welcome to bbc news, broadcasting to viewers in north america and around the globe. my name is mike embley. our top stories: devastation in sierra leone. hundreds are feared dead as an entire hillside collapses in heavy rain. two days after the white supremacist attack in virginia, president trump finally condemns racism. north korea announces its leader has been studying plans around a military strike around guam. taylor swift wins a court case against a former radio dj. thejury finds he did grope her. it's now confirmed at least 300 people have died in west africa, in a massive mudslide. torrential rain caused a hillside to collapse on the outskirts
of freetown, capital of sierra leone, burying houses in mud. that casualty figure is expected to rise, with hundreds of bodies are still thought to be trapped under the debris. our diplomatic correspondent james robbins reports. snatched video on a mobile phone shows a torrent of mud and water carrying away everything in its path. this driver risked his life, on a bridge all but overwhelmed by the flash—floods. freetown is an overcrowded coastal city, with few defences against heavy rains. they come every year, but not usually with quite such ferocity. about 250 bodies have been recovered so far. the authorities fear there could be many more trapped in the ruins of houses. the bbc‘s umaru fofana is there. i went down to the spot myself, and you could see people using their bare hands, pulling up corpses from beneath the mud.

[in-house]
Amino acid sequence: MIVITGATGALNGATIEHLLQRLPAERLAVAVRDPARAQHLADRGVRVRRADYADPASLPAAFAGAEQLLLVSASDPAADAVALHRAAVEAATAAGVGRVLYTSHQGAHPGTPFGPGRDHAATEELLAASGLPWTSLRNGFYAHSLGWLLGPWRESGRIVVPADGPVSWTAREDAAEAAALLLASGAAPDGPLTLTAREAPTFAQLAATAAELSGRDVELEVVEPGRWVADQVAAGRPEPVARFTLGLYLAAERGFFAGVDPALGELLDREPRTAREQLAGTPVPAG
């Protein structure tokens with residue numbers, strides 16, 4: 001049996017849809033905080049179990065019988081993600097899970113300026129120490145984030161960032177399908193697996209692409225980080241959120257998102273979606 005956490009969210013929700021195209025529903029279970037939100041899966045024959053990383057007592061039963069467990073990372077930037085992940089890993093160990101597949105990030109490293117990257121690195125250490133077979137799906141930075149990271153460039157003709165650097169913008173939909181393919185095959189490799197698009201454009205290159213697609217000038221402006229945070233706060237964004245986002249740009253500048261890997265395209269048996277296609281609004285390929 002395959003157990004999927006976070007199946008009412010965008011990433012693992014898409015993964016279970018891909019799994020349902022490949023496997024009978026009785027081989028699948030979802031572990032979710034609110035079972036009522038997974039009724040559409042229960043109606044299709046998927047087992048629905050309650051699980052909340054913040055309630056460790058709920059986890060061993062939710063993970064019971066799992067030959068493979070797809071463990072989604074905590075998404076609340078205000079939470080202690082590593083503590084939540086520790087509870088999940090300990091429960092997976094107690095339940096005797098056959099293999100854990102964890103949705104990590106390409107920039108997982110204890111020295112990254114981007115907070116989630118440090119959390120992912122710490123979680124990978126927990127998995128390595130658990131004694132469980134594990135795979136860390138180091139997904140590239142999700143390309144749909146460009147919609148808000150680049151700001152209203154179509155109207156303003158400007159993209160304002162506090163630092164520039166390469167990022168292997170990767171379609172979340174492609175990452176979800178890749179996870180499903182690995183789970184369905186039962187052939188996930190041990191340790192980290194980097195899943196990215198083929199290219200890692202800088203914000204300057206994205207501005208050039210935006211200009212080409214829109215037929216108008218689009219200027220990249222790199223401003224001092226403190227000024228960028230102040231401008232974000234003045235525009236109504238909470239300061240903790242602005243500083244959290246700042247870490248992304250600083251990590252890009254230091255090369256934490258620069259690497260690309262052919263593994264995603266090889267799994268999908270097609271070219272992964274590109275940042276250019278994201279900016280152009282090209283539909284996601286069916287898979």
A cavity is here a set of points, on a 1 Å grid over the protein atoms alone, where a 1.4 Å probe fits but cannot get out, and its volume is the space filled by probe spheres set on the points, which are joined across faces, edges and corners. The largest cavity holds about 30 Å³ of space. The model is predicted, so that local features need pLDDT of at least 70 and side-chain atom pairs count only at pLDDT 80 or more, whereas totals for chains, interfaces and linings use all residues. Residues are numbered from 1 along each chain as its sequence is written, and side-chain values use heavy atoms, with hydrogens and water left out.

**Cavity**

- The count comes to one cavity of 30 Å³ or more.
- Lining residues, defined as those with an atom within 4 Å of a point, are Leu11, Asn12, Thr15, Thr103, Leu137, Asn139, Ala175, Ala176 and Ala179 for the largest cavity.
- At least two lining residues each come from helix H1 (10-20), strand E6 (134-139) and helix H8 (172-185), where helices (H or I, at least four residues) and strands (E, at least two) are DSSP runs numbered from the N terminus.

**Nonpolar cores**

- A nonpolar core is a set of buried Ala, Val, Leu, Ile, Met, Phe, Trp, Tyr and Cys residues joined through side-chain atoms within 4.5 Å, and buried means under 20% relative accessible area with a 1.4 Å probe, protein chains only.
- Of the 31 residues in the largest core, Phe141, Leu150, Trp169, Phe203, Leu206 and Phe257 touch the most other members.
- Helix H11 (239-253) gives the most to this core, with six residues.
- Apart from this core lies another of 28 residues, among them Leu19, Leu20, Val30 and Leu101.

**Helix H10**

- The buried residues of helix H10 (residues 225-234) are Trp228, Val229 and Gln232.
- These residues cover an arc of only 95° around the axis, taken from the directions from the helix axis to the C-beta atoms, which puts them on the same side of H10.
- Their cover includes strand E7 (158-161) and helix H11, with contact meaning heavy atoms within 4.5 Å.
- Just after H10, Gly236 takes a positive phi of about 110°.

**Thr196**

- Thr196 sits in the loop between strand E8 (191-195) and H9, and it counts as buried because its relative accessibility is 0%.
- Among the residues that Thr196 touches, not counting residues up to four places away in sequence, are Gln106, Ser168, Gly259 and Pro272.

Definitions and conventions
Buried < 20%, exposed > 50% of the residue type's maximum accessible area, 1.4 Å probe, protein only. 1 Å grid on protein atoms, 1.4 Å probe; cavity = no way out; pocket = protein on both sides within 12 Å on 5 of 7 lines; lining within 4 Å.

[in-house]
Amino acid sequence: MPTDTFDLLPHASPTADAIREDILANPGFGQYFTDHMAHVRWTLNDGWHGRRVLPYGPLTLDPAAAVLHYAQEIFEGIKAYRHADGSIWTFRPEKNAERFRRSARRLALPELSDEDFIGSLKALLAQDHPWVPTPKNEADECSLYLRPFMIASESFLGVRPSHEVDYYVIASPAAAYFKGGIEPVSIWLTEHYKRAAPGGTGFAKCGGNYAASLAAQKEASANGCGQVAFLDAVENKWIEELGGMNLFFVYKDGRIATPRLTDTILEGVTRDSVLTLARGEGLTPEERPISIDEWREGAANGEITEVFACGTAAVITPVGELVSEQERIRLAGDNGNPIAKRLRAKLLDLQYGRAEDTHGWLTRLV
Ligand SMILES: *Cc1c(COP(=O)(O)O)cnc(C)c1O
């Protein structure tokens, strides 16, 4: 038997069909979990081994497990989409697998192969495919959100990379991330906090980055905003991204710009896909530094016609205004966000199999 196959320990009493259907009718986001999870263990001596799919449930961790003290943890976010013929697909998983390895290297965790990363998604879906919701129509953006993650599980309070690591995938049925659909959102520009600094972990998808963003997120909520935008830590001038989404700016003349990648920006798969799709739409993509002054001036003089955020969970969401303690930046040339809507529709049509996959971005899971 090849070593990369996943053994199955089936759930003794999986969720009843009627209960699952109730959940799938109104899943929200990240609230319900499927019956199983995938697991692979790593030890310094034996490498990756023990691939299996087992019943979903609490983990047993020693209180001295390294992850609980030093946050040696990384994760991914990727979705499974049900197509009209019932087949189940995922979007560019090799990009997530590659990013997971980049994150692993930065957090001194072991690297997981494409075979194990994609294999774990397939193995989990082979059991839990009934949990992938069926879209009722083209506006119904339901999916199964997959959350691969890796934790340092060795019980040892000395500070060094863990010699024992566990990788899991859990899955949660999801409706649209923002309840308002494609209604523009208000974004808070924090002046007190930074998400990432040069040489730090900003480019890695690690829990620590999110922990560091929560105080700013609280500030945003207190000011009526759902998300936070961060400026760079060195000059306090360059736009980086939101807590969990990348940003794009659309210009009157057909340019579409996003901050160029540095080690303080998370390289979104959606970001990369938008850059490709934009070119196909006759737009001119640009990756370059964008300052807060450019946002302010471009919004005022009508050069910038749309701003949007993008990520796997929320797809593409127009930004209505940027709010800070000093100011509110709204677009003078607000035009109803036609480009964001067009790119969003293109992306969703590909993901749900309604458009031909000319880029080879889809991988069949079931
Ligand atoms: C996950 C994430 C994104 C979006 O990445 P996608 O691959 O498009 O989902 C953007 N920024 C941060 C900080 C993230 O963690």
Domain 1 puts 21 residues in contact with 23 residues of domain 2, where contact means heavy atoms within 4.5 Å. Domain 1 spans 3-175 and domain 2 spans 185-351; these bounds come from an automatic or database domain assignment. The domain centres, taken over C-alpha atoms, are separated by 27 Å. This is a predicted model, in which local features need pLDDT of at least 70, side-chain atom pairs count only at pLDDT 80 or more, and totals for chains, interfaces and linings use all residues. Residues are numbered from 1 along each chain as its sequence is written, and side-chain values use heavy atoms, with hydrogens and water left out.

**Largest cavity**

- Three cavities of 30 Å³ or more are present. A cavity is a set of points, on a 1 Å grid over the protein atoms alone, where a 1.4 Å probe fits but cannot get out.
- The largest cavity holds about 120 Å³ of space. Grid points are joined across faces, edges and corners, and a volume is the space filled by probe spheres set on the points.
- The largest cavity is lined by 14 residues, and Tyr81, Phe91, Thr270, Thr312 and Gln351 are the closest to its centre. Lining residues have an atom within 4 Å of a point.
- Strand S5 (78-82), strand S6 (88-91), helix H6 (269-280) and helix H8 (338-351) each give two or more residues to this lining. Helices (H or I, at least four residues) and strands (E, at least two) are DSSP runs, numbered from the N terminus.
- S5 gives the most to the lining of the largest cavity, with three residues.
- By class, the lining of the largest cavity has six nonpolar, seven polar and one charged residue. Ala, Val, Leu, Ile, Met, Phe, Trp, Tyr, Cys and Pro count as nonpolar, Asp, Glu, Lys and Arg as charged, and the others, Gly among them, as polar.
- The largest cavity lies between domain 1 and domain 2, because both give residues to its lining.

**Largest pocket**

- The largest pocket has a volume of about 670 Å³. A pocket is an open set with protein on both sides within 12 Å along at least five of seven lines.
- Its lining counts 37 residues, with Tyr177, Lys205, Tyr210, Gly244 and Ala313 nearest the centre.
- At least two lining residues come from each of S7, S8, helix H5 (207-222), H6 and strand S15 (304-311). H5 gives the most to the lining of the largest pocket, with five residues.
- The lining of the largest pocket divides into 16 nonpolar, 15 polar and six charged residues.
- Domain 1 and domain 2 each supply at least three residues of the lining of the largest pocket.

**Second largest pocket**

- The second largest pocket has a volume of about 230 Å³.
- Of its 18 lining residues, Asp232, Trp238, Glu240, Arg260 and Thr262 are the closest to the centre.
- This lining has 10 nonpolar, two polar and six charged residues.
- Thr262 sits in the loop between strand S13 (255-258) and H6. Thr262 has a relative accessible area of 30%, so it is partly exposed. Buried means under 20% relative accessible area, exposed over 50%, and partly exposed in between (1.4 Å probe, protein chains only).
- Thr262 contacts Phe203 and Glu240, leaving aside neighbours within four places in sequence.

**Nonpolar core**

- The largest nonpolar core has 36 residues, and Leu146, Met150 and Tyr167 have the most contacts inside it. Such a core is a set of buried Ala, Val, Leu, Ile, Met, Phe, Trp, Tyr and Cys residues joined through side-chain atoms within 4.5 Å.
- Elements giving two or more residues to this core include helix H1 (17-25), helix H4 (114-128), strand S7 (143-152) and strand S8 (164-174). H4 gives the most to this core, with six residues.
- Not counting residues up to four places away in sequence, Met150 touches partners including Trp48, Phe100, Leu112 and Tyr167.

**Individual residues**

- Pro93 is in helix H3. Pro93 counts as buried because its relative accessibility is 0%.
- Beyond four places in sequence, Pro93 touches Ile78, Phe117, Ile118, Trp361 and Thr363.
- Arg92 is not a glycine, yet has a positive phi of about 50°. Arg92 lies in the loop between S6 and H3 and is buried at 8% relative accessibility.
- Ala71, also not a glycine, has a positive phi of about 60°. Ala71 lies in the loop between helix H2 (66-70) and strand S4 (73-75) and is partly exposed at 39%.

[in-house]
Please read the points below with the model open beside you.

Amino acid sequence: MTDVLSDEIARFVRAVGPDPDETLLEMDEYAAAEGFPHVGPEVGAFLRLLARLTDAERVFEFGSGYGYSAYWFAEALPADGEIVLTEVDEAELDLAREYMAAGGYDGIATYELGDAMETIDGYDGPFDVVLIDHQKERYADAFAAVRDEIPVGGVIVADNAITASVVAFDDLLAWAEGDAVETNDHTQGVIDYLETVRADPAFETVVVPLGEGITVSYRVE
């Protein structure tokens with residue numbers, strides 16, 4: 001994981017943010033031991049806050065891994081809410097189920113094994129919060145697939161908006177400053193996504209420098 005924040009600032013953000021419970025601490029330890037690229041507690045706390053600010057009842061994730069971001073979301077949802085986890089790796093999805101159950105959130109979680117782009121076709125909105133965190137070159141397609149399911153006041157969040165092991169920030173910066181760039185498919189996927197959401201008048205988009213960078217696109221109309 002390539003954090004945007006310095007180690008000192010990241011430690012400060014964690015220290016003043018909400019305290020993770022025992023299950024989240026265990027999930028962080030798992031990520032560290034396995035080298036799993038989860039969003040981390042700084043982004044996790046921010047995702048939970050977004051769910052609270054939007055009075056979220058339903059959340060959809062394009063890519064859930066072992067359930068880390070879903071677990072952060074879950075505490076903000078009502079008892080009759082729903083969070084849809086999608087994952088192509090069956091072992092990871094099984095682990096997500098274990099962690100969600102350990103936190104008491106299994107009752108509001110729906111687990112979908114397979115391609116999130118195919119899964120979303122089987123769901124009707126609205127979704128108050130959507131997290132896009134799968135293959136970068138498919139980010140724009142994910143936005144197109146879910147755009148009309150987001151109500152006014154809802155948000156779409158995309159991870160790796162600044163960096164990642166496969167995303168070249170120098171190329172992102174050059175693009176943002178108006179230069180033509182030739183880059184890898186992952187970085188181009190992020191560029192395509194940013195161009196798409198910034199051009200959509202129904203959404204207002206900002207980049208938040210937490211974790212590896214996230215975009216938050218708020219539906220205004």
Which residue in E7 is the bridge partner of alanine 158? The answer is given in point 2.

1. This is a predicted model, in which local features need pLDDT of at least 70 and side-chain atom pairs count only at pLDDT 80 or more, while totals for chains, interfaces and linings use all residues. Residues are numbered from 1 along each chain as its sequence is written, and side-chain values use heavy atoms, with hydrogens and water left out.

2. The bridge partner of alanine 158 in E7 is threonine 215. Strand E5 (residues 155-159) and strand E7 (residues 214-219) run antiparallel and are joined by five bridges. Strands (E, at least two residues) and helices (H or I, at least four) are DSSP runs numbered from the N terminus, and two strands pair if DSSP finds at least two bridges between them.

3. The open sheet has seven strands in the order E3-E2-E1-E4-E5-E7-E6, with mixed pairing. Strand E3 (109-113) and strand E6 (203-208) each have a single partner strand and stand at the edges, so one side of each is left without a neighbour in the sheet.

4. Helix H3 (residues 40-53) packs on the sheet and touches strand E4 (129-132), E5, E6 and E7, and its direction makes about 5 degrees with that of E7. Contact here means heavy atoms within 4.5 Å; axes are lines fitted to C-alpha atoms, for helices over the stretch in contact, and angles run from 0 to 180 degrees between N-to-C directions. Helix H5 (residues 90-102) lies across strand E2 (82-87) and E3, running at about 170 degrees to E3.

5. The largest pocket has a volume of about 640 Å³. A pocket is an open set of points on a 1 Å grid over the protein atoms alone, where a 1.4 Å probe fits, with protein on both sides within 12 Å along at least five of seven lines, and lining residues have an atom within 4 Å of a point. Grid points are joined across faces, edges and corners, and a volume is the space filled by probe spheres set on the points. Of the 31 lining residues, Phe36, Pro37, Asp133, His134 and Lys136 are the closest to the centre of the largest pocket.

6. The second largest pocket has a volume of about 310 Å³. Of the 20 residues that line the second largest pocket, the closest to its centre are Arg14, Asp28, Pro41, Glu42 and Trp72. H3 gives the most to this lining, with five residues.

the road itself to the disaster area is almost impassable, massive rocks. and this area, called mount sugarloaf, caved in in the early hours of this morning, and it's covered literally in in the early hours of this morning, and it's covered literally dozens of houses. and hundreds of people, according to the country's vice president who just spoke to me, are feared dead under the rubble. there are some ambulances parked here, but it's now a recovery mission instead of a rescue mission. many victims lived in the flimsiest of homes, little more than shacks, often on unprotected hillsides. a british charity has been helping to build far stronger houses, and its head, back in britain, explained today how it is the poorest in sierra leone who are often the most defenceless. people build houses all up the sides of cliffs, and they often build them with inadequate materials, because generally people are unbelievably poor. people are trying to reclaim land from the sea, and then the water just comes and wipes them away.
six out of ten people in sierra leone live below the poverty line. survivors often risk everything to salvage a few possessions, trying to hang on to whatever they can, despite the rising waters. james robbins, bbc news. a confederate statue has been toppled in north carolina. the statue in the town of durham was yanked down by the crowd. on saturday, a rally planned by white nationalists protesting the planned removal of a confederate statue in charlottesville turned violent, with one woman killed and 19 injured when a man drove a car into a crowd of anti—hate demonstrators. well president trump has finally, explicitly, condemned the white supremacists and neo—nazis who took part in those demonstrations. our north american editor jon sopel reports.